|Little known fact: Kant won the Koenigsburg Turkey Trot 5k 5 years straight (1750-1755). Two years later an achilles injury led him to hang up the flats and turn his obsessive mind towards becoming a billiards hustler.|
This is the purpose of science, art, and also of education. The experimental method allows us to isolate concepts and test whether or not they match up well with the objects they are meant to represent. Artists experiment as well, teaching us to experience the world in new ways through painting, music, literature, film, etc. They give us new angles on sensation, allow us to feel, see, taste and hear differently. A well-developed mind is able to sense the world richly--and it also has the conceptual apparatus to be able to express and share those sensations. Intelligence, on the Kantian view, doesn't just allow us to manipulate the world better. It gives us the capacity to experience the world more fully, to live in it more deeply, and to share it with others.
This is a great story, and it is mostly true. There is a tension, however, between the conceptual work of intelligence and the aesthetic, sensitive work. We've all experienced the way in which overanalyzing experience can strip it of its vague, sensed peripheries--the "gray areas" that are not merely the excess of a concept but are rich and vital centers of experienced life. The gray areas of life are usually not gray at all. They escape intellectualism through their vibrancy and polyvalence: their inability to be captured by the rigid categories of the mind. We've also been frustrated--on the other hand--by our muteness before some of our most profound experiences. Life is buoyed by intuitions, epiphanies, and moods, most of which we can only gesture towards in language.
In running, too, there is this difficulty. Many of the best endurance athletes are able to externalize their bodies, to treat them as an object, with scientific precision. This is what Alberto Salazar and Galen Rupp have been doing with Rupp's body over the course of the years. They have a 20 year plan for his development. They treat the body of Rupp with almost scientific precision, measuring its adaptation, its biochemical markers, charting a path that is aimed at athletic perfection. Though most of us who take our running more or less seriously are not nearly as relentless (or intelligent) in the scrutiny of our bodies, part of the joy of distance running is in treating one's body as an object: controlling its efforts, its fuel, its recovery, learning how it adapts, etc. In this way, we treat it as if we can truly apprehend it in itself.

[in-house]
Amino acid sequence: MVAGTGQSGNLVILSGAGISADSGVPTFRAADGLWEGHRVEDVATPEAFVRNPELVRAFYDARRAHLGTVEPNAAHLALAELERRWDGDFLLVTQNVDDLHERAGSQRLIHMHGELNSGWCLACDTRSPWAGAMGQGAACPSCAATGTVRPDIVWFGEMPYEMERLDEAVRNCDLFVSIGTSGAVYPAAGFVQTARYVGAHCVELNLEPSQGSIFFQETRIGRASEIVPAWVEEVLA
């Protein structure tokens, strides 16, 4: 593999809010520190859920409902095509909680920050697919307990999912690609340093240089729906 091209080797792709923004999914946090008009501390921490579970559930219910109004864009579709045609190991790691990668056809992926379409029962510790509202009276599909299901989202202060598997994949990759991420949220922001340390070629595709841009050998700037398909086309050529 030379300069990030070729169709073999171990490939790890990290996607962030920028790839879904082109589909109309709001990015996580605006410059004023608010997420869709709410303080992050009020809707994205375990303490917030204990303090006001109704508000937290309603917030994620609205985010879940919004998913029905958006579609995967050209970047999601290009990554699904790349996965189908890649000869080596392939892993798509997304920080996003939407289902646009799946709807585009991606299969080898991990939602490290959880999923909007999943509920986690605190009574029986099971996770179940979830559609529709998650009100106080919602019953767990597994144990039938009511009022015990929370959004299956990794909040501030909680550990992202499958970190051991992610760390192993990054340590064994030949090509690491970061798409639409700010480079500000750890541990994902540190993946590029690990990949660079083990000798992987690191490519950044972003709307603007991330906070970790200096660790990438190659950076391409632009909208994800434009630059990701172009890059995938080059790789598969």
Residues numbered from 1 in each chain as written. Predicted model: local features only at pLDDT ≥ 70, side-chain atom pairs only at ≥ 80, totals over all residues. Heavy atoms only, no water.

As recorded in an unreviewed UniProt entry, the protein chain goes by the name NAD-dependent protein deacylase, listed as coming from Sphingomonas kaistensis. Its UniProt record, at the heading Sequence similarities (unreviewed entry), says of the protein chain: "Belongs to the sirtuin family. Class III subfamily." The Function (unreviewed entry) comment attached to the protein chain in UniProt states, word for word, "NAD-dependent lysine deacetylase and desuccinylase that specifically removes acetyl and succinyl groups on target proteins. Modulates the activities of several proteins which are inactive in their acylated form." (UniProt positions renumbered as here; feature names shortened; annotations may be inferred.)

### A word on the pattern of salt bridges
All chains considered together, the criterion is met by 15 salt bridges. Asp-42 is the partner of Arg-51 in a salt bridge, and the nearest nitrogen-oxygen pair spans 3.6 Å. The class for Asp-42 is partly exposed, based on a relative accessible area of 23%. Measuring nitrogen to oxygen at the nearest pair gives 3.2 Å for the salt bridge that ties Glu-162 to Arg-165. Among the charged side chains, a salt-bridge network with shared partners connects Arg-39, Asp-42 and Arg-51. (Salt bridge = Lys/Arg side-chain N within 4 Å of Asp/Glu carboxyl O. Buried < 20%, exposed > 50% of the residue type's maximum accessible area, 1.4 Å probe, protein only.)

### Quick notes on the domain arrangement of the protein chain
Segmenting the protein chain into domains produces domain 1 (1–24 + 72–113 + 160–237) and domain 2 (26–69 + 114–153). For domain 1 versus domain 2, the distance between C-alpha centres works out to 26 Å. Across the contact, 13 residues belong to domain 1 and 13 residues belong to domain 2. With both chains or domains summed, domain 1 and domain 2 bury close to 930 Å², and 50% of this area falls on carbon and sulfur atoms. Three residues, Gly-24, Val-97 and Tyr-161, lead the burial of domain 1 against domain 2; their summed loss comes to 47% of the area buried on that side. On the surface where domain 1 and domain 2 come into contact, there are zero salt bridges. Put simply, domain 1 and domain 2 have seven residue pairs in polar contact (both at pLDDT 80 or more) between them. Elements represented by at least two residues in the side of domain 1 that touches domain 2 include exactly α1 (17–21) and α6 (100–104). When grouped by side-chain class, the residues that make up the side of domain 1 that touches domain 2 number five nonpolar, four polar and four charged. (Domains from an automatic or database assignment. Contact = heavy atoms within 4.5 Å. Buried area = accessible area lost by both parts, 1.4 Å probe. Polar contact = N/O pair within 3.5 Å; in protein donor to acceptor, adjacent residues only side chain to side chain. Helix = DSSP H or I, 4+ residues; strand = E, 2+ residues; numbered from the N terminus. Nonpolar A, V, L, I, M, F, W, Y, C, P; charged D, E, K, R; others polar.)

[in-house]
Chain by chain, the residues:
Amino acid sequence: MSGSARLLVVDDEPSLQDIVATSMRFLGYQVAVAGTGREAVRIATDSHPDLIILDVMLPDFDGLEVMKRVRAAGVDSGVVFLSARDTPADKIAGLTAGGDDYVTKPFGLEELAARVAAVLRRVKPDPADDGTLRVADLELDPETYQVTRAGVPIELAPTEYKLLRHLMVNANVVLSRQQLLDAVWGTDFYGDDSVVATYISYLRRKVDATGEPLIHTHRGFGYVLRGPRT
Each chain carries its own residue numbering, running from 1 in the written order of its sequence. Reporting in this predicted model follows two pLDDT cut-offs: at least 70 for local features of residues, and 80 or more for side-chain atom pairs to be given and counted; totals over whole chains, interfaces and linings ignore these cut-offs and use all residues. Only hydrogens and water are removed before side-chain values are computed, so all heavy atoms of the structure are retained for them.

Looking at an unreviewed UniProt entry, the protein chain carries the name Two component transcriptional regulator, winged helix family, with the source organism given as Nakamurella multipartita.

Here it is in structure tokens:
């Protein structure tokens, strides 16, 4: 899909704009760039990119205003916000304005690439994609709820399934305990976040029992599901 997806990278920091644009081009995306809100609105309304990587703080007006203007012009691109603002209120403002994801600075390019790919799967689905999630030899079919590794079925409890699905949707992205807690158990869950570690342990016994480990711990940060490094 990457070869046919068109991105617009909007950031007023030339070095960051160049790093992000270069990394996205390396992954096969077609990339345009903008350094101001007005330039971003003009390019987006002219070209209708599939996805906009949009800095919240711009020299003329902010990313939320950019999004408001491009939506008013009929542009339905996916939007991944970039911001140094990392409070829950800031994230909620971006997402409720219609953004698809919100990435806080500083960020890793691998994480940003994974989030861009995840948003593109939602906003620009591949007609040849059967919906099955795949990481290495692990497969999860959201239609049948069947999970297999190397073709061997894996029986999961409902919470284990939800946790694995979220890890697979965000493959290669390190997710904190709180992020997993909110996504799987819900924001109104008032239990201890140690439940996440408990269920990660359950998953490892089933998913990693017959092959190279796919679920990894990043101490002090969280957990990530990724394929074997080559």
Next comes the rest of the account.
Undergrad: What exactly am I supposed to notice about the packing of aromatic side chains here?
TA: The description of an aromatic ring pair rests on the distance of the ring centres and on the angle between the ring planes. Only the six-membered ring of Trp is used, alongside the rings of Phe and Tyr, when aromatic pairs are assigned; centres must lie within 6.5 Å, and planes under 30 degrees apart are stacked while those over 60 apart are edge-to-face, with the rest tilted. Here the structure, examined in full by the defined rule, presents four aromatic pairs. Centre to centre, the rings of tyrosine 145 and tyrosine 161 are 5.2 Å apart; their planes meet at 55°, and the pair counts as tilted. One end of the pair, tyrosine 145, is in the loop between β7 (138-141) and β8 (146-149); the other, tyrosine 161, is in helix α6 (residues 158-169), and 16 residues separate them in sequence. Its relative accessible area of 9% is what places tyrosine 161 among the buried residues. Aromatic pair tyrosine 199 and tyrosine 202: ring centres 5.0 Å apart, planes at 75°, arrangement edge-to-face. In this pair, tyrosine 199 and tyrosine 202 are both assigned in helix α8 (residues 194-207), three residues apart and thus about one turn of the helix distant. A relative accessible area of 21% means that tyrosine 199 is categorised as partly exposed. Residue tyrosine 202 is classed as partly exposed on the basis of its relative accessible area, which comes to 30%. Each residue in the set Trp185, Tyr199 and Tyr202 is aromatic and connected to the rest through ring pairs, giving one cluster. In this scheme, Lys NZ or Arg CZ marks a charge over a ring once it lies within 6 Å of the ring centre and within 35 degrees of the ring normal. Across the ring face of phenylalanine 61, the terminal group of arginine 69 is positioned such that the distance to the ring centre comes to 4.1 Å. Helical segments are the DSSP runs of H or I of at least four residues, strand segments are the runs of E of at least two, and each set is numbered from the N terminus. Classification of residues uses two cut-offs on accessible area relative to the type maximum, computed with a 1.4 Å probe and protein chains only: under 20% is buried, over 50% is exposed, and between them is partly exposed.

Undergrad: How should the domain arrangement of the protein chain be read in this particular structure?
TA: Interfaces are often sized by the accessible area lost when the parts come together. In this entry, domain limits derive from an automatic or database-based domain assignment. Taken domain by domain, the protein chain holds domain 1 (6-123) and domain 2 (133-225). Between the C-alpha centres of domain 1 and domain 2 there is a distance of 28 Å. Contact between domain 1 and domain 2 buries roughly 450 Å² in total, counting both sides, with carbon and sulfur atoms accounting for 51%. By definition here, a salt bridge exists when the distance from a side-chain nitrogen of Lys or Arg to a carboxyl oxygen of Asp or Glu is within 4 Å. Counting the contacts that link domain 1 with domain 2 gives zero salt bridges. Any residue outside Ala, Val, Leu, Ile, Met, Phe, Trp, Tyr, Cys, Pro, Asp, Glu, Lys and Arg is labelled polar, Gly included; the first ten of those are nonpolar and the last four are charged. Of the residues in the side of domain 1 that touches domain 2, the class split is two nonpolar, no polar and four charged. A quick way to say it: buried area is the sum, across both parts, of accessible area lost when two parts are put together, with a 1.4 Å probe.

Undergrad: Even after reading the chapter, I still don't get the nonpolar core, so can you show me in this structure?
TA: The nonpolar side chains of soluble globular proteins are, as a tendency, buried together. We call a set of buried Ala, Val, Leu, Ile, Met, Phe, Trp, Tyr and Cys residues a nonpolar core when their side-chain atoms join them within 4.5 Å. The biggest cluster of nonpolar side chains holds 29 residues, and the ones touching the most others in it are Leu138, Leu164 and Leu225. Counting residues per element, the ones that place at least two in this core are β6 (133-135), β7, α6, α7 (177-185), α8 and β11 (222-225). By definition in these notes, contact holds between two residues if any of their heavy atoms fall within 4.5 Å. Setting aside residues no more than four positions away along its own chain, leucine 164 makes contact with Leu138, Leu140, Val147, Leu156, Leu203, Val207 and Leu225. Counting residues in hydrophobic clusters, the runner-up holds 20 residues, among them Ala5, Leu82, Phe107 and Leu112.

|One mark of an objectified body is the removal of hair from the legs.|
It strikes me that these are two different forms of discipline, each of which we have to practice in training. On the one hand, we have to learn to externalize ourselves, to see ourselves from the perspective of a coach or another runner. Otherwise, our training lacks coherence and organization. This is where running logs and heart rate monitors and various other instruments of analysis are useful. On the other hand, we also have to practice becoming our bodies, which is something else entirely. This aspect of training has more in common with artistic practice than scientific method. The discipline of becoming the body means practicing being overwhelmed by sensation, moving with it, letting it organize you, repattern your mind and your movements. Otherwise, our training lacks freedom and creativity.
|If Rupp symbolizes the externalization of the body taken to the extreme, perhaps Henry Rono is the epitome of the runner who races and trains intuitively. Read this account of Rono racing.|
Too often these two modes of discipline are put into opposition, but running teaches us that in experience both elements are essential. The body is two types of object. It is both something other than me, and it is me. The challenge is not to choose one or the other of these relations, but to keep them both living. We feel and analyze, each in its own measure, according to its own discipline.
Perhaps if life could be reduced to the categories of the mind or the categories of sensation, we would know more fully who we are. We could attain some sort of absolute knowledge. The runner would know, through analysis, exactly how fast he could race a marathon. Salazar would know, absolutely, what Rupp can or can't do. We can't know, but this is no cause for skepticism. We can know better. The runner understands this: life is not about the knowing; it is about the trying. What the skeptic sees as a failure of the human mind, the runner sees as a chance to understand better, to become faster, to be different.
Like life, running is an adventure in uncertainty. We follow hunches and intuitions, half blindly. This is what makes intelligent analysis, when we are able to muster it, so valuable. But those moments that analysis cannot reach give us the thrill, the impulse, the doubt, and the desire that wrap us up, consume us, and carry us ever-onward.